Many longitudinal clinical studies involve the repeated periodic measurement of continuous responses over a period to detect any changes that might occur in the condition of the individual, such as events of interest like survival after 90 days. In such investigations, the measurements might concern several biomarkers. A current approach to modeling such data is the use of joint modeling. A joint model is typically composed of two or more submodels related through a common set of latent variables, reflecting their interconnection by joint likelihoods.
The expectation-maximization (EM) algorithm has been a standard approach for calculating joint likelihoods since the late 90s, despite being computationally costly in the estimation step. There have been many attempts to cope with this drawback. For example, Bernhardt, Zhang, and Wang, in a study with a binary outcome (survival after 90 days), used a normal density to approximate the distribution of random effects . The present work is an extension of Bernhardt et al., applied to a survival outcome model (length of time the patients diagnosed with the disease are still alive) instead of a binary one, but keeping the normality assumption for multivariate normal distribution of random and fixed effects.
The first section summarizes the state of the art in this domain. Section 2 presents the details of this procedure, especially the expectation step of the EM algorithm, detailing the initialization phase and convergence issues; this part is supplemented by additional material. Section 3 shows the results of two comprehensive simulations.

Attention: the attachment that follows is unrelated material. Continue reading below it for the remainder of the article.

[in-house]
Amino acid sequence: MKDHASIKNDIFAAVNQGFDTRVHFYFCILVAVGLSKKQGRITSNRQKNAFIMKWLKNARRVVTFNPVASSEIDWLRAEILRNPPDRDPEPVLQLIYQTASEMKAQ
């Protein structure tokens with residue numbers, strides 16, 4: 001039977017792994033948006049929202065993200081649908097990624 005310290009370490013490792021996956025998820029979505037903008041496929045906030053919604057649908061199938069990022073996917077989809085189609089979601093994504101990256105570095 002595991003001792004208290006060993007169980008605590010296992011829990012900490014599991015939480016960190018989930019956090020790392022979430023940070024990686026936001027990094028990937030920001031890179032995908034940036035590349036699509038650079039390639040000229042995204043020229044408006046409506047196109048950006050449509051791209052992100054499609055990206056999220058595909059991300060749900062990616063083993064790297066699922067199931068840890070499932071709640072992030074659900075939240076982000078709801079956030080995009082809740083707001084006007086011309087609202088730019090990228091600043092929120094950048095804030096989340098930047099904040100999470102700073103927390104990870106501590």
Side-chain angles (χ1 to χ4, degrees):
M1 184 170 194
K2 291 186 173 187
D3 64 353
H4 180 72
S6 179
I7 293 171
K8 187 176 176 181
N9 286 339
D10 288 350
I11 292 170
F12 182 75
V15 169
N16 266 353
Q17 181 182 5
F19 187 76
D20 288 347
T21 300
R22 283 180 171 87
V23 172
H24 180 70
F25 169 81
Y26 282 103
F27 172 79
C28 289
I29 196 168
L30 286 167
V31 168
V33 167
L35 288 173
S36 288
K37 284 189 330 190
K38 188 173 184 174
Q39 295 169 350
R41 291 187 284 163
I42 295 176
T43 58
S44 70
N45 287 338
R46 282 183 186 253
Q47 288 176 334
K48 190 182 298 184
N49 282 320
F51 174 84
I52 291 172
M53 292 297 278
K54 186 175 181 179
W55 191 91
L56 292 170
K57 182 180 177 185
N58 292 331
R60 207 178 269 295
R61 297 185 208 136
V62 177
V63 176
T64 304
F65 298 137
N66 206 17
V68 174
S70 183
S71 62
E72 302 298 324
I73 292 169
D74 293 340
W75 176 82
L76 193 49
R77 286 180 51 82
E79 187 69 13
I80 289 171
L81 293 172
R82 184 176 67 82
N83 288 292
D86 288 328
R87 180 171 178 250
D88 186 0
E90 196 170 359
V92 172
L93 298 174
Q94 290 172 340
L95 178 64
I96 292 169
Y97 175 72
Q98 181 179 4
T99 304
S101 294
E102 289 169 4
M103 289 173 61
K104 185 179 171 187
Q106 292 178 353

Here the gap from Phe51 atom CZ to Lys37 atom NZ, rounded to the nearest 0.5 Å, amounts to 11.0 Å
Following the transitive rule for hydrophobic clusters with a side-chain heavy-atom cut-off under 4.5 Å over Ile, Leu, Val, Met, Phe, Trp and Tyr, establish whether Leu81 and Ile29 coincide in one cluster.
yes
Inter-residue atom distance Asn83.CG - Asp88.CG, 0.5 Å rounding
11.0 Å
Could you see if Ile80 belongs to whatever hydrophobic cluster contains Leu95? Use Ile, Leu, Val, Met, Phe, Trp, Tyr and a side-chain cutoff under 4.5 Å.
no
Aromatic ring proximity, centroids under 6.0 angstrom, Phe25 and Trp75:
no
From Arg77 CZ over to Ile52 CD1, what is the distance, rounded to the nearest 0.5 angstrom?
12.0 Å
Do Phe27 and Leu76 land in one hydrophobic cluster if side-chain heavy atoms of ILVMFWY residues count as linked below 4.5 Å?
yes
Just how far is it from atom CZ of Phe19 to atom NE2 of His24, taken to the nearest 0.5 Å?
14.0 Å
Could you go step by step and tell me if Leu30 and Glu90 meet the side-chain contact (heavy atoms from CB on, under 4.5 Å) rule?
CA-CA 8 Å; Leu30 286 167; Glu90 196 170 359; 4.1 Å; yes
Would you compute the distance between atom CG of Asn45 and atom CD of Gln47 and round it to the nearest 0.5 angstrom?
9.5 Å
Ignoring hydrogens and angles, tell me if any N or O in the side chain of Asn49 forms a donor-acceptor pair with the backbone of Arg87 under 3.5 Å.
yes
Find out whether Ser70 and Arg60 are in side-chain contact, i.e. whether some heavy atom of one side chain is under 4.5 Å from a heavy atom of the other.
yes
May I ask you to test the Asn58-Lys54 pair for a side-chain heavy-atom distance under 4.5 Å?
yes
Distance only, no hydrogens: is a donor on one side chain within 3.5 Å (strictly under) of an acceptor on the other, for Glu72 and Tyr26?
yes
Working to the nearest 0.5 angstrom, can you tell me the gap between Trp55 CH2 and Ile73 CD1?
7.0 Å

The application part describes the data analyses performed on two dedicated datasets: the first is a set of primary biliary cirrhosis (PBC) data collected between 1974 and 1984, and the second takes advantage of the Alzheimer’s disease neuroimaging initiative (ADNI) study and is focused on mild cognitive impairment (MCI) as the baseline. In both cases, trivariate joint models are generated on three longitudinal biomarkers. The analyses are complemented with results and graphic representation that confirm the accomplishment of the primary goal: to achieve satisfactory performance in a multivariate setup and survival model, in a reasonable convergence time.
The work provides relevant and useful information for scientists working in biomedical or medical fields, but also in other domains where longitudinal studies are performed.